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Written on December 12, 2009, and categorized as Art, Living, Secret and Invisible, Work.
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LeWeb, Paris, Day One:

LeWeb, Paris, Day Two:

The conversations I had on the two days were so completely different. Both costumes gave me advantages.

On day one, I was part of a large majority – a commercial, technocentric, white male. My smart business suit enabled me to hold the same kind of authority as the other businessmen in the event. I spent time focusing on making business contacts in the areas I intend to develop work.

On day two, I was in a minority of one. I wore the simplest of indicators, a black shirt and clerical collar. I met and conversed with a wonderfully mixed bunch of characters, all of whom I was able to connect with freely and naturally. I had frequently surprising, deep, warm conversations of great sensitivity and integrity.

Some friends assumed on day two that I was dressing in ‘religious’ garments as some kind of joke (it was completely serious). Others assumed that I had either recently become or always been a cleric. Some didn’t actually notice the change from day one to day two. Others noticed but didn’t mention it, which just goes to show how polite many people are.

In answer to the questions about faith and religion, I spoke sincerely about my beliefs, my non-conformist heritage, working with refugees for my local church, and my spiritual evolution over the past decade, including prayer, meditation, worship, celebration, healing, the need to be without prejudice, and moral development.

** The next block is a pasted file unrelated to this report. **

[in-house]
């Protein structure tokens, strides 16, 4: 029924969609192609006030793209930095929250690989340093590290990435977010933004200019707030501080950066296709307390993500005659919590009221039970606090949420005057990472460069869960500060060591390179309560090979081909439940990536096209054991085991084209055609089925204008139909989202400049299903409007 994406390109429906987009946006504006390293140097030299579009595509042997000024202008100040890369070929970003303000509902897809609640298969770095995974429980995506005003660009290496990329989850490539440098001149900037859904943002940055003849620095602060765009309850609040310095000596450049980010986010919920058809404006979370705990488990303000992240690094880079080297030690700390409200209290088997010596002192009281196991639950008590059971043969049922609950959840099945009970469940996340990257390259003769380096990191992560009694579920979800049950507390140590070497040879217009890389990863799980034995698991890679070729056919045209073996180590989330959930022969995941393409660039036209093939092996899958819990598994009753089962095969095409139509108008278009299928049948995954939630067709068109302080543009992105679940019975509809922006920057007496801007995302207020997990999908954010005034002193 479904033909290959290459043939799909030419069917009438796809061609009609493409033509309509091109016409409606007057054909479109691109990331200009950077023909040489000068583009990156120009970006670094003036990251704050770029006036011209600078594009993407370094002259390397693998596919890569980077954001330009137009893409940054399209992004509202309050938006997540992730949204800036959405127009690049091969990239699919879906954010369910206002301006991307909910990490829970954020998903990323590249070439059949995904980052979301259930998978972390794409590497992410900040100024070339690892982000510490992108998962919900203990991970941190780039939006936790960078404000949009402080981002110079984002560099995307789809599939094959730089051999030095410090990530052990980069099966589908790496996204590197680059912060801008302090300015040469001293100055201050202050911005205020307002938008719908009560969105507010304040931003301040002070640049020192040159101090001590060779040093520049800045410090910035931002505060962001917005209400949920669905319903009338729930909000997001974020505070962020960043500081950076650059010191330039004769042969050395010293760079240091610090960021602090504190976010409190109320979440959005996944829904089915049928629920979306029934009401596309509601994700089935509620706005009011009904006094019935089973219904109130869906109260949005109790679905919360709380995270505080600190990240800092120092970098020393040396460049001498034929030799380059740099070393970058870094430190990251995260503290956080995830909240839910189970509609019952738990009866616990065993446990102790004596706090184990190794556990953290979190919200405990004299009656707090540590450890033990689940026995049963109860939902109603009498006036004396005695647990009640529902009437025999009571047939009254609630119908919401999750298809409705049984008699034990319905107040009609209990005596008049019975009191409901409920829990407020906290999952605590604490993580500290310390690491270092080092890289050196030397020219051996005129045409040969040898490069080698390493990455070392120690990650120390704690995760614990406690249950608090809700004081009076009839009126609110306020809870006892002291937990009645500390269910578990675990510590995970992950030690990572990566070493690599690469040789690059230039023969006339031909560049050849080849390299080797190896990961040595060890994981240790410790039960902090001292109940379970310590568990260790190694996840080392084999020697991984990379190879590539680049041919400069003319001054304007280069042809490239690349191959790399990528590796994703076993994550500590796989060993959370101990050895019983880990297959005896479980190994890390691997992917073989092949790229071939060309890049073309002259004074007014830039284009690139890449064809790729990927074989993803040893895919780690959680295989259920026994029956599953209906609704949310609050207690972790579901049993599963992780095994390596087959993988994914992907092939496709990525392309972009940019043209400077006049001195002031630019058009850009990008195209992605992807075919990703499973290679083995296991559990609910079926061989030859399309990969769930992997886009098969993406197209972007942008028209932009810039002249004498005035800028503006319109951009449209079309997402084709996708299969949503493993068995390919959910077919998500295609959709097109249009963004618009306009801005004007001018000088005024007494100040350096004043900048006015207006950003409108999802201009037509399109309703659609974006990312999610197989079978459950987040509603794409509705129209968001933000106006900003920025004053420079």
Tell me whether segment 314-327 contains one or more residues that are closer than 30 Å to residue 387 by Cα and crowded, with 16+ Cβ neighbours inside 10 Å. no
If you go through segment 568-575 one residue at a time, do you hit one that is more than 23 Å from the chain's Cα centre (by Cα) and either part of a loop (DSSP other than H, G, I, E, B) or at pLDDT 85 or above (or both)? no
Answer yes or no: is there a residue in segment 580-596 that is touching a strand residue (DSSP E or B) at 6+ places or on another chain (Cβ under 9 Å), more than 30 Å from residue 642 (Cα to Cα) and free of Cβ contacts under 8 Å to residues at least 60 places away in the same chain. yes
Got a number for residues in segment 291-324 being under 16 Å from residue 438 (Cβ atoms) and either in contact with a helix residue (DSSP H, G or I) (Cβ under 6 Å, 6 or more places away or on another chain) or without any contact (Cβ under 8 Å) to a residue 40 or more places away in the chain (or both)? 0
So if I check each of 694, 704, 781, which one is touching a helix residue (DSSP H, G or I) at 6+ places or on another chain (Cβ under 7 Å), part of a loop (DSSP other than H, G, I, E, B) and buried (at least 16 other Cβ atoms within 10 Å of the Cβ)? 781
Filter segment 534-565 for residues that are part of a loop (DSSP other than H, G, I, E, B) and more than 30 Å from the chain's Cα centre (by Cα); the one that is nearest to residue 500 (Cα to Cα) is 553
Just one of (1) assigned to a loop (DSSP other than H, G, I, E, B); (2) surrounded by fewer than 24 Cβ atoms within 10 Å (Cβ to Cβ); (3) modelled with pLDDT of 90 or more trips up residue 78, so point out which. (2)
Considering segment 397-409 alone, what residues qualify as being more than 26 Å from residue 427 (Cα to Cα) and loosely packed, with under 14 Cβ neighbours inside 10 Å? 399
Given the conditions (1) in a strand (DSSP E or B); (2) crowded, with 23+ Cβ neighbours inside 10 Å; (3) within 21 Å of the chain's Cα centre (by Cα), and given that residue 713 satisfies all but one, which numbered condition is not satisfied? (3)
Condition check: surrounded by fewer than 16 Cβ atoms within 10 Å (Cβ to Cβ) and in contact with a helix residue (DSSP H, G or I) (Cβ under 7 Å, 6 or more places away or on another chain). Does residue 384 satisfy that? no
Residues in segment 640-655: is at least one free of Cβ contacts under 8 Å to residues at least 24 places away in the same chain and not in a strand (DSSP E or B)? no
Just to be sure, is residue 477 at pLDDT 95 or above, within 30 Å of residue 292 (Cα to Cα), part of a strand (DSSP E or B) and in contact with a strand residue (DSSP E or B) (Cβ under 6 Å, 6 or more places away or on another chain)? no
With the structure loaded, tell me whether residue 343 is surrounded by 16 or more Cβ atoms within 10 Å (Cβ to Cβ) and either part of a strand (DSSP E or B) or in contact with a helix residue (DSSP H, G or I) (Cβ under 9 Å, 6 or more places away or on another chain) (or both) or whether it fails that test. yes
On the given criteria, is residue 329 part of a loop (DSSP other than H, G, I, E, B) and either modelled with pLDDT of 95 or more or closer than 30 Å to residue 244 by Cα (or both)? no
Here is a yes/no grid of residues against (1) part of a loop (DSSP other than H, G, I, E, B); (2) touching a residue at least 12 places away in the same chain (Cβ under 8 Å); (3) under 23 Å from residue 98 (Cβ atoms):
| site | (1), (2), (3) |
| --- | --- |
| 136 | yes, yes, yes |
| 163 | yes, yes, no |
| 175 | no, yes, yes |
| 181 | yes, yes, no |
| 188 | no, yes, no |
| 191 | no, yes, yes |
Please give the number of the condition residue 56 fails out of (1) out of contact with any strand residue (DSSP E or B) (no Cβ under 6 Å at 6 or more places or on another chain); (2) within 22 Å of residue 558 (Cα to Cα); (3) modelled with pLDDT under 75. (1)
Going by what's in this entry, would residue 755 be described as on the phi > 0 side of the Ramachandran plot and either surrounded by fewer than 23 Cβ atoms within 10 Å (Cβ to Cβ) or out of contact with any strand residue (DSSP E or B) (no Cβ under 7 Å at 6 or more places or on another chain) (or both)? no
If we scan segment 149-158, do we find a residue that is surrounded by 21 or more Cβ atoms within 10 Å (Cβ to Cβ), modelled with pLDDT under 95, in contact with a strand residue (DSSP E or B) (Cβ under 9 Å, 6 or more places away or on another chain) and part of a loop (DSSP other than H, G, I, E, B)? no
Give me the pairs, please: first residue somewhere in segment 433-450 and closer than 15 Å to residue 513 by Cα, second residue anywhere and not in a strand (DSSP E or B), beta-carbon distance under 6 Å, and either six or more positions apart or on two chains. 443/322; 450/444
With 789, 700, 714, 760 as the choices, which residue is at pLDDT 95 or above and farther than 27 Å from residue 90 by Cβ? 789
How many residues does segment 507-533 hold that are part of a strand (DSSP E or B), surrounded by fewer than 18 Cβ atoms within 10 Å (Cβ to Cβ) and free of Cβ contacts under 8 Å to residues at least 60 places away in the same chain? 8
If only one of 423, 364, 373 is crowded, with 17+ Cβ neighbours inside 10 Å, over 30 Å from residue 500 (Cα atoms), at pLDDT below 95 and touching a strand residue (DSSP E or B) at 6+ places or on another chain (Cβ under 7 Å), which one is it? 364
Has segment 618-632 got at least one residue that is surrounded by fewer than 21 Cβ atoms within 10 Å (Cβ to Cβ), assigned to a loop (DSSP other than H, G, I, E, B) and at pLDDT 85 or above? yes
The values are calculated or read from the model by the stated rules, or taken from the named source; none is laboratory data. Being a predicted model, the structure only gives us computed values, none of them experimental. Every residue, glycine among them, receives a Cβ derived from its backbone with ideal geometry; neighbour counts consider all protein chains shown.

After day two was done, I went to the hotel, and took off my costume, and shaved.

With this ritual complete, I stepped out from under the shadow caused by the events of this year, my father’s death in particular. I can’t adequately express the happiness and contentment I felt and still feel.

I went out to the Microsoft party and relaxed. Cyrille, who more than most had a good idea about what I was doing, asked me how I had behaved as a priest. I explained I had been careful not to shock or threaten people’s faith, that I had endeavoured to find out where they were coming from before answering questions and that I had not contradicted them. This was not about tricking people or being clever. I was not just testing reactions. “Never break the dream,” he replied.

Irina seemed astonished at my boldness, and I found myself explaining to her about the Book of Things.

Everyone has a Book of Things which lists what they are allowed to do, have or be. When people ask themselves, “can I do this?” “am I allowed to have this?” I refer them to the Book of Things. Everyone’s book is different.

In my Book of Things, page one, it says that I can be who I want, whenever I want. It says I can have any kind of authority that is within my reach. There’s a side note that reminds me to be careful.

Look in your own Book of Things. You too can be whoever you want to be. You can assume any role, be any person you wish, be humble, powerful, modest, or unmistakably visible. You may possess any kind of authority; but bear in mind, some people will want to confess, and others may hate you, so whatever you decide to be, you’d better take it seriously.

Posted via email from Dean Whitbread

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